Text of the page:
War, Violence, the Hebrew Bible & the Aeneid Essay

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War, Violence, the Hebrew Bible & the Aeneid War and warfare can serve different purposes. Both the Roman Empire during the Golden Age, under the auspices of Rome’s first emperor, Caesar Augustus and the Israel’s who followed the Hebrew Bible engaged warfare. However, the wars had a different focuses and different goals. The wars of the Old Testament were wars of extermination, while the Romans had limited wars. Wars of extermination occurred during Israel’s theocracy, and are often cited by non-believers as a reason to reject following a religion. However, the wars of extermination were specific to the period when Israel was a theocracy.

Israel, we learn from the Hebrew Bible, followed a unique form of government in which God himself is recognized as the supreme civil ruler, and His laws are taken as the statute book of the kingdom. Israel’s theocracy existed from the period of Moses, Joshua, and the twelve judges, as the appointees and agents of Jehovah. The books of the Hebrew Bible serve not only for religious teachings, but also for historical accounts. Similarly the epic poem writer Virgil had a purpose to write a myth of Rome’s origins that would emphasize the grandeur and legitimize the success of an empire that had conquered most of the known world.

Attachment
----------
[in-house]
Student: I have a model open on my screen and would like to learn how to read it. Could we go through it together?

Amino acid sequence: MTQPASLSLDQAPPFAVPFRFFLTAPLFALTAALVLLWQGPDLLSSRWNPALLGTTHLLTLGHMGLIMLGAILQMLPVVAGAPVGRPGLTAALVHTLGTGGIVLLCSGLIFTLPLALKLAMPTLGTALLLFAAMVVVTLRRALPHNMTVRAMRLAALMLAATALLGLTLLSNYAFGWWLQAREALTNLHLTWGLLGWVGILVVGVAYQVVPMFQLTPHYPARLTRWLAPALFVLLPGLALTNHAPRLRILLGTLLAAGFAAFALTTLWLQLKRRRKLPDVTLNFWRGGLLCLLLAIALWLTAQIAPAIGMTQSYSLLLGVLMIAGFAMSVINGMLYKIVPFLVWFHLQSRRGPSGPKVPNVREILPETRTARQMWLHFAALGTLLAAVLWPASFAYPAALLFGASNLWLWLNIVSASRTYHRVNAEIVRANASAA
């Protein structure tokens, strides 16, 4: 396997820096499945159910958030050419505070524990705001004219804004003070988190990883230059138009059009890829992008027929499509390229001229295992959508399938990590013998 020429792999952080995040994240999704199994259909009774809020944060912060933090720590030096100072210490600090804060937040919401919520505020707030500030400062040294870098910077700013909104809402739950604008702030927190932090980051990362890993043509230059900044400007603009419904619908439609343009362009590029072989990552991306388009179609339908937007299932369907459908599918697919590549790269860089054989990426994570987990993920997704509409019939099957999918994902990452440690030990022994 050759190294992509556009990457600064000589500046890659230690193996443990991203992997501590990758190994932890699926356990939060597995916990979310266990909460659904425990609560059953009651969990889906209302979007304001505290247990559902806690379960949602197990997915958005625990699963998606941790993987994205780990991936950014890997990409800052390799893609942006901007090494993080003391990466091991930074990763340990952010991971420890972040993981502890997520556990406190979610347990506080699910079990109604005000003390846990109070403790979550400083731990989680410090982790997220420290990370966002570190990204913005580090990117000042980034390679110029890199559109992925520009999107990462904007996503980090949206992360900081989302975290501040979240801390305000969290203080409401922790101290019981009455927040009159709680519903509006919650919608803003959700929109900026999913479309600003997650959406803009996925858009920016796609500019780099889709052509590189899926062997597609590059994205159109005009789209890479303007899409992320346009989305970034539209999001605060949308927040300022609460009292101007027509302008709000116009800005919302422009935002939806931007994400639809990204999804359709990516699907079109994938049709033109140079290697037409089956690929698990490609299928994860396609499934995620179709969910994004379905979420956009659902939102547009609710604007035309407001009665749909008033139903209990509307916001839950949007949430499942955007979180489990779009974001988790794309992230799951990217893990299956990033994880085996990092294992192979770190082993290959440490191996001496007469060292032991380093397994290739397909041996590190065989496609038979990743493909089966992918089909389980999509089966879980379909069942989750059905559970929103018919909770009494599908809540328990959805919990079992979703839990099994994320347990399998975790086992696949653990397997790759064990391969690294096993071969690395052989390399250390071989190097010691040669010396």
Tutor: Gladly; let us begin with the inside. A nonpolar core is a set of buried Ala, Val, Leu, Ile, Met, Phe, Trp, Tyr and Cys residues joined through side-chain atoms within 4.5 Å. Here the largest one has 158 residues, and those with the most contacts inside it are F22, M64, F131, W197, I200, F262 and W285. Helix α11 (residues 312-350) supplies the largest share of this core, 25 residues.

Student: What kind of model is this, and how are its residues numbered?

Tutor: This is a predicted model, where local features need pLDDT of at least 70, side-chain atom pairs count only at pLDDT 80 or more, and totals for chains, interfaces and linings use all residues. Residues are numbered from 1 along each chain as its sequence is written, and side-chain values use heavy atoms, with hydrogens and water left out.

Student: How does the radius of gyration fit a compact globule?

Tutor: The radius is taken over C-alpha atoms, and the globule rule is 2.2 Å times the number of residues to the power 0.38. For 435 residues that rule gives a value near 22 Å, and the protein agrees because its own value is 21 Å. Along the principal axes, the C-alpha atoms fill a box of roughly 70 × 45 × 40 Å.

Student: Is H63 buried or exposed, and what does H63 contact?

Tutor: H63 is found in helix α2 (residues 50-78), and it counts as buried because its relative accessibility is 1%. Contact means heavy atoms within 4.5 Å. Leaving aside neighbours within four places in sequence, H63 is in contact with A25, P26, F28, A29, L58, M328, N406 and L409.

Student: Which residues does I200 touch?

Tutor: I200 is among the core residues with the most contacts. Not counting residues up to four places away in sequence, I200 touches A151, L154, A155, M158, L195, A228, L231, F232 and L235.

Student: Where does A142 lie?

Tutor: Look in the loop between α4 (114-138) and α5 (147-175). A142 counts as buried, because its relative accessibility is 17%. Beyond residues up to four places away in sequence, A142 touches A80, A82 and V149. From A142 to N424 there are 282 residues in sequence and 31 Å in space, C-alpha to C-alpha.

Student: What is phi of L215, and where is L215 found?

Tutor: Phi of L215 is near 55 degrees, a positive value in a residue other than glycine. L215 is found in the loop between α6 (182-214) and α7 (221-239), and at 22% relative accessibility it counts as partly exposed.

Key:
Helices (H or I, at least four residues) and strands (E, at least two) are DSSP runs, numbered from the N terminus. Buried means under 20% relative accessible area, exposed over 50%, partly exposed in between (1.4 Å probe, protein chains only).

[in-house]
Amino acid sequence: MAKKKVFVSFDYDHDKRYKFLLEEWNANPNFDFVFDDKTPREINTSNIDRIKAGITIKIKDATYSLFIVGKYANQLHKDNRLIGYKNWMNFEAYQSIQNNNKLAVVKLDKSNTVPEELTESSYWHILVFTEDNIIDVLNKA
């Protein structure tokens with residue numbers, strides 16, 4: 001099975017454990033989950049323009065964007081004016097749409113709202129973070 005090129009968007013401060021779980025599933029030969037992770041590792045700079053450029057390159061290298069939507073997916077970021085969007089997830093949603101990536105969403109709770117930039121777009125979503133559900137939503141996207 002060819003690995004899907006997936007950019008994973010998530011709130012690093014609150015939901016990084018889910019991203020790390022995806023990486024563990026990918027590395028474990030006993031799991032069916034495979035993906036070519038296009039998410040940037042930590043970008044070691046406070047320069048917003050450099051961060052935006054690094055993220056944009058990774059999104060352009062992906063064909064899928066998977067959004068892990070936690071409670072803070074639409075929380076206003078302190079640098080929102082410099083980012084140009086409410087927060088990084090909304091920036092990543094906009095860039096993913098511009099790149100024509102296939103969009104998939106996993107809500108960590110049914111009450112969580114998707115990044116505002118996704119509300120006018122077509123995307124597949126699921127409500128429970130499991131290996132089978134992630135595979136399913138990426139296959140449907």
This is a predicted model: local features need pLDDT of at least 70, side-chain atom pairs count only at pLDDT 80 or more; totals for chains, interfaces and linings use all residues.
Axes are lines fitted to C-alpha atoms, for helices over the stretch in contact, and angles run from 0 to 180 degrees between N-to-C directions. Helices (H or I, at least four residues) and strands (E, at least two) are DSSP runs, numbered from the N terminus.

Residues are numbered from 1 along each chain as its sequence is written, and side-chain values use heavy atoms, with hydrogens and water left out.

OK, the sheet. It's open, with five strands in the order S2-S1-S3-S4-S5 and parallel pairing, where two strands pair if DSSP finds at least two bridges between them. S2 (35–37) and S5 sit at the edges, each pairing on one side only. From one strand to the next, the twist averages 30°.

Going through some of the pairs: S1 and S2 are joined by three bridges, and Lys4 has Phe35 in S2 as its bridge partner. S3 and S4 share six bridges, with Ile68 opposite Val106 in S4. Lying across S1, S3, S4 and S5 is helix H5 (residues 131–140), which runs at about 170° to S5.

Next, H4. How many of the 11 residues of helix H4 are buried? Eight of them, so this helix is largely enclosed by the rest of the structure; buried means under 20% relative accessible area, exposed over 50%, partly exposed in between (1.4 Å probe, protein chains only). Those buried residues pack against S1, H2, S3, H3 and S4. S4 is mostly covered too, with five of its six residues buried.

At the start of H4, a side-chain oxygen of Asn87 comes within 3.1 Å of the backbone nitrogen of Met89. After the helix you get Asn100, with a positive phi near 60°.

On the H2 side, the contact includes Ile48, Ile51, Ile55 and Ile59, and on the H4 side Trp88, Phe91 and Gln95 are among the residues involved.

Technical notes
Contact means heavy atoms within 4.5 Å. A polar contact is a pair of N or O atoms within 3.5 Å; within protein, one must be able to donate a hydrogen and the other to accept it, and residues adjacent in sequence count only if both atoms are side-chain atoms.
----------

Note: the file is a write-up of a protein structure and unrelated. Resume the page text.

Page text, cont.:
Virgil works backward, connecting the political and social situation of his own day with the inherited tradition of the Greek gods and heroes, to show the former as historically derived from the latter. Order and good government triumph emphatically over the Italian peoples, whose world prior to the Trojans’ arrival is characterized as a primitive existence of war, chaos, and emotional irrationality. By contrast, the empire under Augustus was generally a world of peace, order, and emotional stability. Virgil himself would appear to advocate for a more stoic Roman state in terms of conquest and violence in general.

Specifically, that Rome was an Empire not driven by blood lust but rather by invasions waged on the principles that Rome can bring about justice, law, and stability. The warfare they used was to “pacify” and “battle down” the conquered. The wars of extermination were specific to the enemies Israel faced. Typically, such a war required that Israel’s soldiers put to the sword not only all the able-bodied men under arms, but also all the civilian men, both young and old, including the elders. Sometimes the women and children, and ven at times all the farm and domesticated animals, the crops and material possessions, and even the city itself of the enemy were exterminated. A perfect example of this is when God commanded the annihilation of the Canaanites (Deut 7:1-2). Another famous war of this type is the one recounted in the destruction of Jericho. “… And they utterly destroyed everything in the city, both man and woman, young and old, and ox and sheep and donkey, with the edge of the sword. And they burned the city with fire, and all that was in it.

Only the silver and gold and articles of bronze and iron, they put into the treasury of the house of the Lord. Then Joshua made them take an oath at that time, saying cursed before the Lord is the man who rises up and builds this city Jericho; with the loss of his first-born he shall lay its foundation, and with the loss of his youngest son he shall set up its gates. So the Lord was with Joshua, and his fame was in all the land” (Joshua 6:20-27). However, the Hebrew Bible speaks the message to never to retaliate, nor repay evil with evil, for vengeance belongs to God (Deuteronomy 32:35).